4. BPDU Exchange: Switches exchange Bridge Protocol Data Units (BPDUs) to elect the root bridge for each instance.
  5. Path Selection: MSTP calculates the shortest path to the root bridge for each instance, creating a loop-free topology.
  6. Port States: Ports transition through states like blocking, listening, learning, and forwarding to establish a stable network.

What is Multiple Spanning Tree Instances (MSTIs)

Multiple Spanning Tree Instances (MSTIs) is a crucial concept within the Multiple Spanning Tree Protocol (MSTP), a network protocol designed to prevent loops and enhance the reliability and efficiency of Ethernet networks. MSTIs are one of the key features that set MSTP apart from other spanning tree protocols like RSTP (Rapid Spanning Tree Protocol) and STP (Spanning Tree Protocol).

In simple terms, MSTIs allow network administrators to divide a network into multiple logical segments or instances, each with its own independent spanning tree. Each MSTI operates as if it were a separate spanning tree protocol instance, even though they share a common physical network infrastructure. Here’s a breakdown of the essential aspects of Multiple Spanning Tree Instances:

MSTIs enable the segmentation of a network into distinct regions, each with its own MSTP configuration. This segmentation is often based on VLANs (Virtual LANs), allowing network administrators to manage redundancy and topology control independently for different VLANs. Within each MSTI, a separate spanning tree is calculated. This means that the topology and path selection for one MSTI do not affect the others. It provides granular control over redundancy and network traffic for specific VLANs or network segments.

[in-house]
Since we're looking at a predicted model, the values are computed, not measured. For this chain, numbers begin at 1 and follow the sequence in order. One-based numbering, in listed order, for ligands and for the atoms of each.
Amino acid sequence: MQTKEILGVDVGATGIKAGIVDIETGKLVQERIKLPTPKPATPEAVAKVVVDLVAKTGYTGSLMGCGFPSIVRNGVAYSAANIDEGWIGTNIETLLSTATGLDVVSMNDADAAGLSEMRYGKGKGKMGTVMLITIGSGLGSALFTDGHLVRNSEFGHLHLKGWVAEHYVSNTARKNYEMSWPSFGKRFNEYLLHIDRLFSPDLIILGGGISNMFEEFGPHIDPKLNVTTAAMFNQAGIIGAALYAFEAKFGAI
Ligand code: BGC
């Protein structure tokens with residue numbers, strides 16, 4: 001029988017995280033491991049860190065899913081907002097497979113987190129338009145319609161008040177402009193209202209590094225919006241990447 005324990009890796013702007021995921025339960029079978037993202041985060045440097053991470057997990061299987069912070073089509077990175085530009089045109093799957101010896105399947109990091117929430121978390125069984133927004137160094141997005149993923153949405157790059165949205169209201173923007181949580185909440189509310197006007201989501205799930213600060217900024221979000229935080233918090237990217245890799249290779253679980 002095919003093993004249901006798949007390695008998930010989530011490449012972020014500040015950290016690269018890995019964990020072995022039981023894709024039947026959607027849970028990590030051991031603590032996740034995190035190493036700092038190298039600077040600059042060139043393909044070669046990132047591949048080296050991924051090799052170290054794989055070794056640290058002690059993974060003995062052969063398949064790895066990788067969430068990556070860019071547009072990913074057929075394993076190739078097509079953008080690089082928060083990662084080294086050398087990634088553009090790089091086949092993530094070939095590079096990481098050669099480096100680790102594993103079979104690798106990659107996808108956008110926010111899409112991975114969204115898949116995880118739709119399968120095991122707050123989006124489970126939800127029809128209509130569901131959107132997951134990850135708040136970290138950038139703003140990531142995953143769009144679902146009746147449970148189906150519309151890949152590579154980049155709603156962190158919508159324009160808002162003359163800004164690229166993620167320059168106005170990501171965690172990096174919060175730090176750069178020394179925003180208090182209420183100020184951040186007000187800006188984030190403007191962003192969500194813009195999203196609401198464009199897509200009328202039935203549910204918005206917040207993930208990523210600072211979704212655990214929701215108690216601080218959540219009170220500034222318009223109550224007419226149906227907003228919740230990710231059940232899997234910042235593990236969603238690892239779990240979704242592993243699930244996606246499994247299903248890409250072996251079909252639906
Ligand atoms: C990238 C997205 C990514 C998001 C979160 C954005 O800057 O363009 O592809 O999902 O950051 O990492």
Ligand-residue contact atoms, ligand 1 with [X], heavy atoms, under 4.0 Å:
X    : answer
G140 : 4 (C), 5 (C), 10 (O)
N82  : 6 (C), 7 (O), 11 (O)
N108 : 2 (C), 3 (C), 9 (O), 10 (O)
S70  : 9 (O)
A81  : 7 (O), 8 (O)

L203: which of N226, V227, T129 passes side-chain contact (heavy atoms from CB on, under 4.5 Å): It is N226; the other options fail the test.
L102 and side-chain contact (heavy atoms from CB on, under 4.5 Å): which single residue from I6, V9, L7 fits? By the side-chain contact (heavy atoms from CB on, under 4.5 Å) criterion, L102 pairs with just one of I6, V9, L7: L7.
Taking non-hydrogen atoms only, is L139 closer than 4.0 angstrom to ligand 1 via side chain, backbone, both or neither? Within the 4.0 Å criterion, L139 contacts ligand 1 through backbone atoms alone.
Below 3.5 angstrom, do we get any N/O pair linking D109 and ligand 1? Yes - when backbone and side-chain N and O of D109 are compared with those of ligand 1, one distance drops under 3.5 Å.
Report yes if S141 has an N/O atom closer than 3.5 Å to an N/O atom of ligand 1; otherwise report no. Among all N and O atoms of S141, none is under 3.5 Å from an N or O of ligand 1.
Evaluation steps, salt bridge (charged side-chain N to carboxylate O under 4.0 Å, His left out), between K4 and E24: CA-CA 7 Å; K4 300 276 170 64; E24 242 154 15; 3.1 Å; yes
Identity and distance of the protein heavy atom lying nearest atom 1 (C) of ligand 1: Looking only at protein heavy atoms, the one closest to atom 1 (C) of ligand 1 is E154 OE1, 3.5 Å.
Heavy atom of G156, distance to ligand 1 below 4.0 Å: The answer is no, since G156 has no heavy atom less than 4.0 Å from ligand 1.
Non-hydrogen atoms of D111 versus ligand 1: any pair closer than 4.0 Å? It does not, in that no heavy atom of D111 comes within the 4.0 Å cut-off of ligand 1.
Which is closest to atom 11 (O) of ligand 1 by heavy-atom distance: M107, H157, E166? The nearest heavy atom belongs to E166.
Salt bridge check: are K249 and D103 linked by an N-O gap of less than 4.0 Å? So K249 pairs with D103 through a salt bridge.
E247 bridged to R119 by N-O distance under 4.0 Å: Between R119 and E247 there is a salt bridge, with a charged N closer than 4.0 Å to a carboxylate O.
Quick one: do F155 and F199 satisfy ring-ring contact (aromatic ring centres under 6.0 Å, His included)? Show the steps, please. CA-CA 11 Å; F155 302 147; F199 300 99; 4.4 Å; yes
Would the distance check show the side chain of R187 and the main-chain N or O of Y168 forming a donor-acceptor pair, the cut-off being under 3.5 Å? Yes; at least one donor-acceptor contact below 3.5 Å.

In MSTP, each switch within an MSTI is assigned a bridge priority value. The bridge with the lowest priority becomes the root bridge for that instance. This allows for flexibility in root bridge selection for different segments of the network.


What is BPDU (Bridge Protocol Data Unit)?

A Bridge Protocol Data Unit (BPDU) is a crucial element in computer networking, particularly in the context of spanning tree protocols like MSTP, RSTP, and STP. Network switches use BPDUs, or Bridge Protocol Data Units, to ensure a broadcast storm-free topology and avoid performance drops due to network loops.